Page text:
Five Harvard Law School professors presented a sampling of their innovative ideas in late May at the 2014 Harvard Law School Thinks Big lecture, an annual event that challenges faculty to explain those big ideas in short talks.
Harvard Law School Professor Elizabeth Bartholet received an award from the National Human Rights Committee of Qatar, in Doha, on Jan. 8, 2014. The award was presented by Sultan Hassan al Jamali, assistant secretary general of the National Human Rights Committee of Qatar.
34 Harvard Law School faculty members and 24 faculty from Boston College Law School have signed a letter urging the U.S. Congress to support the core principles in the pending legislation known as CHIFF (Children in Families First), S. 1530 and H.R. 3323.
When Elizabeth Bartholet ‘65 and Jessica Budnitz ‘01founded the Child Advocacy Program at Harvard Law School over eight years ago, they intended the program to serve as a model for other law schools. They intended the program to educate law students about the importance of working across traditional disciplinary lines. But they did not expect their ideas to transcend those boundaries by inspiring action within another discipline, namely journalism.
A roundup of some of the Harvard Law School faculty and alumni who have played or are now playing central roles in the gay marriage cases before the Court.
The Caspersen Room in the Harvard Law School Library is currently displaying an exhibit documenting the involvement of Harvard Law School students, faculty and alumni in the long road to marriage equality. The exhibit includes a 1983 paper by Evan Wolfson ’83, “Samesex Marriage and Morality: The Human Rights Vision of the Constitution,” along with briefs and other exhibits from HLS Professors Elizabeth Bartholet ‘65, Lawrence Lessig, Frank Michelman ‘60, William Rubenstein ‘86, Carol Steiker ‘86 and Laurence Tribe, ‘66, and Lecturers on Law Kevin Russell and Benjamin Heineman Jr.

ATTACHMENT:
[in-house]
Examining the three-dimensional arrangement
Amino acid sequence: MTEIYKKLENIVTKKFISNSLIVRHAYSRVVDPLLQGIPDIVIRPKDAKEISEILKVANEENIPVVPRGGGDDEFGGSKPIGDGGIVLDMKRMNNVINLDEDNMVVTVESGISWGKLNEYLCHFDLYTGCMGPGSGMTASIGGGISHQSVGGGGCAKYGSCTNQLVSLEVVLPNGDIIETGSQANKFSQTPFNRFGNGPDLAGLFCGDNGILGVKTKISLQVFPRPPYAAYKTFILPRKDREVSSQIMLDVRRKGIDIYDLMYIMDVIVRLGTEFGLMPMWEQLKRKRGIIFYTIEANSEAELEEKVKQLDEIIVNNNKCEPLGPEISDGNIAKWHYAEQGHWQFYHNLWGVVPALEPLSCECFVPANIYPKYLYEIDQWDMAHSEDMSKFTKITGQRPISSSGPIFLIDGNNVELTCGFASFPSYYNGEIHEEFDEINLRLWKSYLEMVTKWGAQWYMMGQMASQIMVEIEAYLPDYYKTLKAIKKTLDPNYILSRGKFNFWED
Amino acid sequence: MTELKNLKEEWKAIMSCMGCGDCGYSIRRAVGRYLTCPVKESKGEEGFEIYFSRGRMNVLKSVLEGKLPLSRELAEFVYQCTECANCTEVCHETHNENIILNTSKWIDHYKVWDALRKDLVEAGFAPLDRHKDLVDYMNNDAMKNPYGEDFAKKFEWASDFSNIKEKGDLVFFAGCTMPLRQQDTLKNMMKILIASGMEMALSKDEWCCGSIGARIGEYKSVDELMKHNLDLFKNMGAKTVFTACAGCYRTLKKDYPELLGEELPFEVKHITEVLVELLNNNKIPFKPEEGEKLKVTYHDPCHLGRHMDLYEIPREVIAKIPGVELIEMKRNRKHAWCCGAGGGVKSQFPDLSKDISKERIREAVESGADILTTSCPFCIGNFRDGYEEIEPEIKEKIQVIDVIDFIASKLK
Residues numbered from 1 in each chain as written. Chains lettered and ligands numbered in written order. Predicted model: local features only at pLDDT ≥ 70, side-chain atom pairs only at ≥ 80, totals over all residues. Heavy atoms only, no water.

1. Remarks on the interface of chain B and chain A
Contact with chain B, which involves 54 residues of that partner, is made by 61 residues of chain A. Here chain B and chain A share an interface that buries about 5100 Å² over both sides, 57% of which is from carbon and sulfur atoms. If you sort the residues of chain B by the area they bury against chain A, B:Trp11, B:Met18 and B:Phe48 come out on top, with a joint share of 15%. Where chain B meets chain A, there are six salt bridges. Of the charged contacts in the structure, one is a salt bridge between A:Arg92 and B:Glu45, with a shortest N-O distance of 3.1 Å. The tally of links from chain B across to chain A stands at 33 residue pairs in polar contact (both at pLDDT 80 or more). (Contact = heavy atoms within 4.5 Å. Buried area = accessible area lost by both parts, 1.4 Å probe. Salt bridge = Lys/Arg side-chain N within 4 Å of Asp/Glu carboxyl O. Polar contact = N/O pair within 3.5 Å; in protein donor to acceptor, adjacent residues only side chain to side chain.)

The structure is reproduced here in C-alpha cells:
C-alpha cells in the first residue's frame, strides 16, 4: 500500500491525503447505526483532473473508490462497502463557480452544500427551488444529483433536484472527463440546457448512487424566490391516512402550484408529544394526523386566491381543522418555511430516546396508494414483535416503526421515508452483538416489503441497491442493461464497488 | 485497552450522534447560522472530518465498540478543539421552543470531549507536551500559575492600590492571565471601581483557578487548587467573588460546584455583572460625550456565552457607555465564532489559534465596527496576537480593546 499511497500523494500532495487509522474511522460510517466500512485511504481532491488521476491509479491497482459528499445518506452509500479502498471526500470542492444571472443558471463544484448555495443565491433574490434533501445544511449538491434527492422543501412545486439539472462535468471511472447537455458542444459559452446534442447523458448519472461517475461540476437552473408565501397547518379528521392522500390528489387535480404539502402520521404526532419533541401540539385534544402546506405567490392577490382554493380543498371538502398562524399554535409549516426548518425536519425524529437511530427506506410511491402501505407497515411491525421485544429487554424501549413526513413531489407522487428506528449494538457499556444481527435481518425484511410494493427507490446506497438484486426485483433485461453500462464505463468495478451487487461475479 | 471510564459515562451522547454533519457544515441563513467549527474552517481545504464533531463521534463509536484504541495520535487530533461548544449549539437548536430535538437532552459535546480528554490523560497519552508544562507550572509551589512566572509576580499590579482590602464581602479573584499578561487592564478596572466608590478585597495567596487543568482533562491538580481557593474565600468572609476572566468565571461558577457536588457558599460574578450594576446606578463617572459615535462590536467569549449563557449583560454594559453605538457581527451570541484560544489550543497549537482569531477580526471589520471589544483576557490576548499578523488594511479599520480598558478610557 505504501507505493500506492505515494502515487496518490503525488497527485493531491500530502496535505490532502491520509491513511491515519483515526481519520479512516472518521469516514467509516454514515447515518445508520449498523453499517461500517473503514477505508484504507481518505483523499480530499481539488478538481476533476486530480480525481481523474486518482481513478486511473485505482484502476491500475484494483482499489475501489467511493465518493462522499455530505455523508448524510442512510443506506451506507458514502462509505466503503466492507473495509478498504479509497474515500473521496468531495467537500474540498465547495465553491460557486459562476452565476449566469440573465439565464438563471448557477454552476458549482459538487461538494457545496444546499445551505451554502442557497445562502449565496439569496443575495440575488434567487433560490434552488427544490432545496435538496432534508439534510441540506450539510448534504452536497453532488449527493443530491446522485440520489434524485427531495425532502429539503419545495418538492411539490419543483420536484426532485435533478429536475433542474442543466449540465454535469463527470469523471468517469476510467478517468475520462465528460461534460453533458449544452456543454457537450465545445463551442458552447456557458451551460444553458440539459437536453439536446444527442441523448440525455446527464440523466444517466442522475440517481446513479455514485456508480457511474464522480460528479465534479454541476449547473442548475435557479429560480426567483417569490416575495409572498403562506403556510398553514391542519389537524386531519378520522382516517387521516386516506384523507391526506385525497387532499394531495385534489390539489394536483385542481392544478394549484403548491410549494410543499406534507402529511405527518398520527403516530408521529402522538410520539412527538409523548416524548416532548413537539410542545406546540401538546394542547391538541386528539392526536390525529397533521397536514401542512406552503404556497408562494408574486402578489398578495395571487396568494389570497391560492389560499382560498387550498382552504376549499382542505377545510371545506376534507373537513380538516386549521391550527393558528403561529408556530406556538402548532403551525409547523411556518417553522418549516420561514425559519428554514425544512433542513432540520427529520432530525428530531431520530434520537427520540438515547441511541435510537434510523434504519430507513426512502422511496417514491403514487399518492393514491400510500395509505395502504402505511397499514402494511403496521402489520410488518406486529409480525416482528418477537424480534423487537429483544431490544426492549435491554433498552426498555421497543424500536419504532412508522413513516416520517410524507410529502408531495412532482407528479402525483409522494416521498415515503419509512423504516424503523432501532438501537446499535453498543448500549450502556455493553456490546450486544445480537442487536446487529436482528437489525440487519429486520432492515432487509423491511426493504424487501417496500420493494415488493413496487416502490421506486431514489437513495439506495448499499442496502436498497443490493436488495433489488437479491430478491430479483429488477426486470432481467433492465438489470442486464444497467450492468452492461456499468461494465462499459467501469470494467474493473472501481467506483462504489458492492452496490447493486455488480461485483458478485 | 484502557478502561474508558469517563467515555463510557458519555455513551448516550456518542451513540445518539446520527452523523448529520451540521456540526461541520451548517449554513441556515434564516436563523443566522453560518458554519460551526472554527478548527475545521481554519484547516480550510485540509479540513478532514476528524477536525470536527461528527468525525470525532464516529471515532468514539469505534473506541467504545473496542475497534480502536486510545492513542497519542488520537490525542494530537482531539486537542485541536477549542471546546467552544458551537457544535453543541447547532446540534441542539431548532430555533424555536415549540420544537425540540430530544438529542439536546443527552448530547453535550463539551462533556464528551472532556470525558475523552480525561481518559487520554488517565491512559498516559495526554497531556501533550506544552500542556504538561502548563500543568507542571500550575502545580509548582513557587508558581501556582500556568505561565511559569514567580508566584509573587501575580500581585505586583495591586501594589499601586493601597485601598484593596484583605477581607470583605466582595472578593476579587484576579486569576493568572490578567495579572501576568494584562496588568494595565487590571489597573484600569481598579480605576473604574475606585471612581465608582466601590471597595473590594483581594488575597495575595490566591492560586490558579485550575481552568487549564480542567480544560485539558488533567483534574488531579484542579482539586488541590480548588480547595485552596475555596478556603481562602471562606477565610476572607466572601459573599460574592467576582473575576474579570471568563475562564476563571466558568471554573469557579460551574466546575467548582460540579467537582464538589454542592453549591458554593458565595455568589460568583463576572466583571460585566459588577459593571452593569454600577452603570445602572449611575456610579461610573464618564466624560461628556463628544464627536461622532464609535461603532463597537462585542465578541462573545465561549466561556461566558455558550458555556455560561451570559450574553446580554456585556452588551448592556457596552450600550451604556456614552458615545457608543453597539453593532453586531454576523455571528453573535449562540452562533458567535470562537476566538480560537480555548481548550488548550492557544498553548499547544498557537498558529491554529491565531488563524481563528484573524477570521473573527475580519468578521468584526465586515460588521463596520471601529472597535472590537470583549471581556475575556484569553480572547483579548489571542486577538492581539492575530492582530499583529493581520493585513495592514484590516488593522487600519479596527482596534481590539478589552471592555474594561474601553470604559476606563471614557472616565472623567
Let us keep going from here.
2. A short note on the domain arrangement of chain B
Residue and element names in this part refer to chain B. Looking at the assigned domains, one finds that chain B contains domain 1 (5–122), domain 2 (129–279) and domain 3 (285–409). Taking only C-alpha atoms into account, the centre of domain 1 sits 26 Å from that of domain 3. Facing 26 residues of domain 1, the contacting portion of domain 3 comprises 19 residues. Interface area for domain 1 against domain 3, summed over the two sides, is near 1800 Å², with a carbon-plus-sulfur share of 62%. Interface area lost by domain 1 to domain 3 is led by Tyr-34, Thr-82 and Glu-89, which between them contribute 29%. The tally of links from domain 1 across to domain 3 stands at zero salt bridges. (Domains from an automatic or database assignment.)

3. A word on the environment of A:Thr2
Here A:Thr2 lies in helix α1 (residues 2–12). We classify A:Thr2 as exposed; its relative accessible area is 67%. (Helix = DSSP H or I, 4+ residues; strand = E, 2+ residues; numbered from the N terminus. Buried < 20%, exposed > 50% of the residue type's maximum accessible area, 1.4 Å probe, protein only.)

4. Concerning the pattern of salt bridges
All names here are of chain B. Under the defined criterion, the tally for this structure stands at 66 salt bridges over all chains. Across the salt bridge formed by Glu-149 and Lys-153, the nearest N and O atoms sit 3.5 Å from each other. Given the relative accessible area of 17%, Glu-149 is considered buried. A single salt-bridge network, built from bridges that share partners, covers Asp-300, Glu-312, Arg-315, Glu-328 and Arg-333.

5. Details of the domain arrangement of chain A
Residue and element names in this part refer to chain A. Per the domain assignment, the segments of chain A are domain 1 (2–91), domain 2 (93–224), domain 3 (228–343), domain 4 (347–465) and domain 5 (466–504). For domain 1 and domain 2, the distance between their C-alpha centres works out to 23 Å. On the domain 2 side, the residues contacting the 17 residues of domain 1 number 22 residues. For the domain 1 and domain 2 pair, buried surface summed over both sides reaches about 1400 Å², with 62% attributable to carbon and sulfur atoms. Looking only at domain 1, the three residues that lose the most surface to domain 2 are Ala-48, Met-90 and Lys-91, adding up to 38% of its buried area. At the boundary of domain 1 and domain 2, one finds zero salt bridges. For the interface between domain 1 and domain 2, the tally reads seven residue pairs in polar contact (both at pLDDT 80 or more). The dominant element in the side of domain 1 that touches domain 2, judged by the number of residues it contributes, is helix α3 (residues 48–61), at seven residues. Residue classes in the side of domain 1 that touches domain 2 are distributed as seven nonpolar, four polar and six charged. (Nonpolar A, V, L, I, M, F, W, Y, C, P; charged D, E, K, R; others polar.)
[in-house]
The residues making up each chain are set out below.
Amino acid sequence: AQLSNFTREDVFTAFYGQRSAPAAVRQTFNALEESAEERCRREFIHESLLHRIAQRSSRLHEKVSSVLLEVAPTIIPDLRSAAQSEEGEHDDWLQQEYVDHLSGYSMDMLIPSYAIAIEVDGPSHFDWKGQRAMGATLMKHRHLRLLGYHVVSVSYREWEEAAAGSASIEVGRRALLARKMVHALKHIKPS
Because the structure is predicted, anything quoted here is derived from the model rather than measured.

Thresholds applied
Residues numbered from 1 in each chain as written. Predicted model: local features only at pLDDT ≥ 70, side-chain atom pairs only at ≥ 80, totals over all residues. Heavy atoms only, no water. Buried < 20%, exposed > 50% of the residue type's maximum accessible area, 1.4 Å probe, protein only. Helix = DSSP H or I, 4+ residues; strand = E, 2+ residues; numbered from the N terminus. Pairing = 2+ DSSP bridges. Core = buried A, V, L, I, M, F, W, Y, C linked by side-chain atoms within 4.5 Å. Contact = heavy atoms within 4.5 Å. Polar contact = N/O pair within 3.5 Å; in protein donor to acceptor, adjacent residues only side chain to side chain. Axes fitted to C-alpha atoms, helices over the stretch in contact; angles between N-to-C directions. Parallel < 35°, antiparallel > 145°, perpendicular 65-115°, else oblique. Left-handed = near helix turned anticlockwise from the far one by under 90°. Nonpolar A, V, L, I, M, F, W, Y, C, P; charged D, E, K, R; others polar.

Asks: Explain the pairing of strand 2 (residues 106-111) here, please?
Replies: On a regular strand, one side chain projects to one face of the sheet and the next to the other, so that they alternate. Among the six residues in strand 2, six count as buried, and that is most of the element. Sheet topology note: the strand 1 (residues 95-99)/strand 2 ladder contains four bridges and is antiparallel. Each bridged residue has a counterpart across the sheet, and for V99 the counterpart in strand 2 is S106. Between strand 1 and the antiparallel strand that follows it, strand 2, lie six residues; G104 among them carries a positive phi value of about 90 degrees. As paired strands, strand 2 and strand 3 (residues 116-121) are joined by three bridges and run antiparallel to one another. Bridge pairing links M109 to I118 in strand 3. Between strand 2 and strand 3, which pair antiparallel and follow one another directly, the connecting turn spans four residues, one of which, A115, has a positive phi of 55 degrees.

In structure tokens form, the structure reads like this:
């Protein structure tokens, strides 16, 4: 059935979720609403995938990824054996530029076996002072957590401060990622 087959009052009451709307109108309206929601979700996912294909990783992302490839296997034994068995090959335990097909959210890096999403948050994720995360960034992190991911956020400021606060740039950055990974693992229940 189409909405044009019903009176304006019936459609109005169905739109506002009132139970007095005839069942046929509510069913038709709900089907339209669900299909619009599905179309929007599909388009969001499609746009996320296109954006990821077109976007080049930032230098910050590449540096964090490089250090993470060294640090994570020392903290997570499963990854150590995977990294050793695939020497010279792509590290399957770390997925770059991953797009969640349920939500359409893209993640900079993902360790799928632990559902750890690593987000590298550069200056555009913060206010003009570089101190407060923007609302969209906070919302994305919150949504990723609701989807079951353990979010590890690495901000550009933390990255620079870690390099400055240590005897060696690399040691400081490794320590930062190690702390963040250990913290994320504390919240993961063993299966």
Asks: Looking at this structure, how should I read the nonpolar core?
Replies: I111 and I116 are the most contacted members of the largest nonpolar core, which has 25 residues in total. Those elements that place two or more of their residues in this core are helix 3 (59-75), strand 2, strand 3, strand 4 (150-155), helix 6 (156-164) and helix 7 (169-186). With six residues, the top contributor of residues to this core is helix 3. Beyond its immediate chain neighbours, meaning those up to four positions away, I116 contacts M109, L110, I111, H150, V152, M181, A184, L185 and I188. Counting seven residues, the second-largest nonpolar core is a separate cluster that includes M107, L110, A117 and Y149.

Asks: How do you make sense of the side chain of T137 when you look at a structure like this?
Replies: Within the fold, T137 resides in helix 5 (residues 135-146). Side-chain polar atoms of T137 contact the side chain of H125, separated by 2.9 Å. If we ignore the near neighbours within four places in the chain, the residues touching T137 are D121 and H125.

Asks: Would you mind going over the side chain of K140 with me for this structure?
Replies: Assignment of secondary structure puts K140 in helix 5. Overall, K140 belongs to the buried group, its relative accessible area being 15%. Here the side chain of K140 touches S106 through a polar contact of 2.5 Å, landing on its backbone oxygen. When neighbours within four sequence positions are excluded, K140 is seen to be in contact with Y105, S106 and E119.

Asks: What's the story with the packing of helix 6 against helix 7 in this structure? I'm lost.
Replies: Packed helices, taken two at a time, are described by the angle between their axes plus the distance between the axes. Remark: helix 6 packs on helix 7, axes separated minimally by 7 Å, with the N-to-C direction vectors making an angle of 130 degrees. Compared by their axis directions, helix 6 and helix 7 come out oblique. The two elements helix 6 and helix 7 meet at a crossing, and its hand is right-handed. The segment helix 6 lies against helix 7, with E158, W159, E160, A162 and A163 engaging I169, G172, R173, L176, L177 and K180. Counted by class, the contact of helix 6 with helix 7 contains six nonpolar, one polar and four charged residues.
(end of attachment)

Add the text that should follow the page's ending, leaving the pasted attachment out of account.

Harvard Law School Professor Elizabeth Bartholet, faculty director of HLS’s Child Advocacy Program, has released two new reports challenging the long-held assumption that racial bias is responsible for the disproportionately high numbers of black children in foster care.
In recent decades, legislative bodies throughout North America and Europe have enacted sweeping laws to protect racial and ethnic minorities, women, the disabled and other groups who are victimized by discrimination. Perhaps not surprisingly, these efforts have encountered resistance—oftentimes successful—leaving anti-discrimination scholars and activists to ponder new strategies for dealing with an age-old problem. On May 6 and 7, a group of these interested scholars from the U.S., Canada and Europe participated in a Harvard Law School workshop that analyzed the recent evolution of anti-discrimination law on both continents.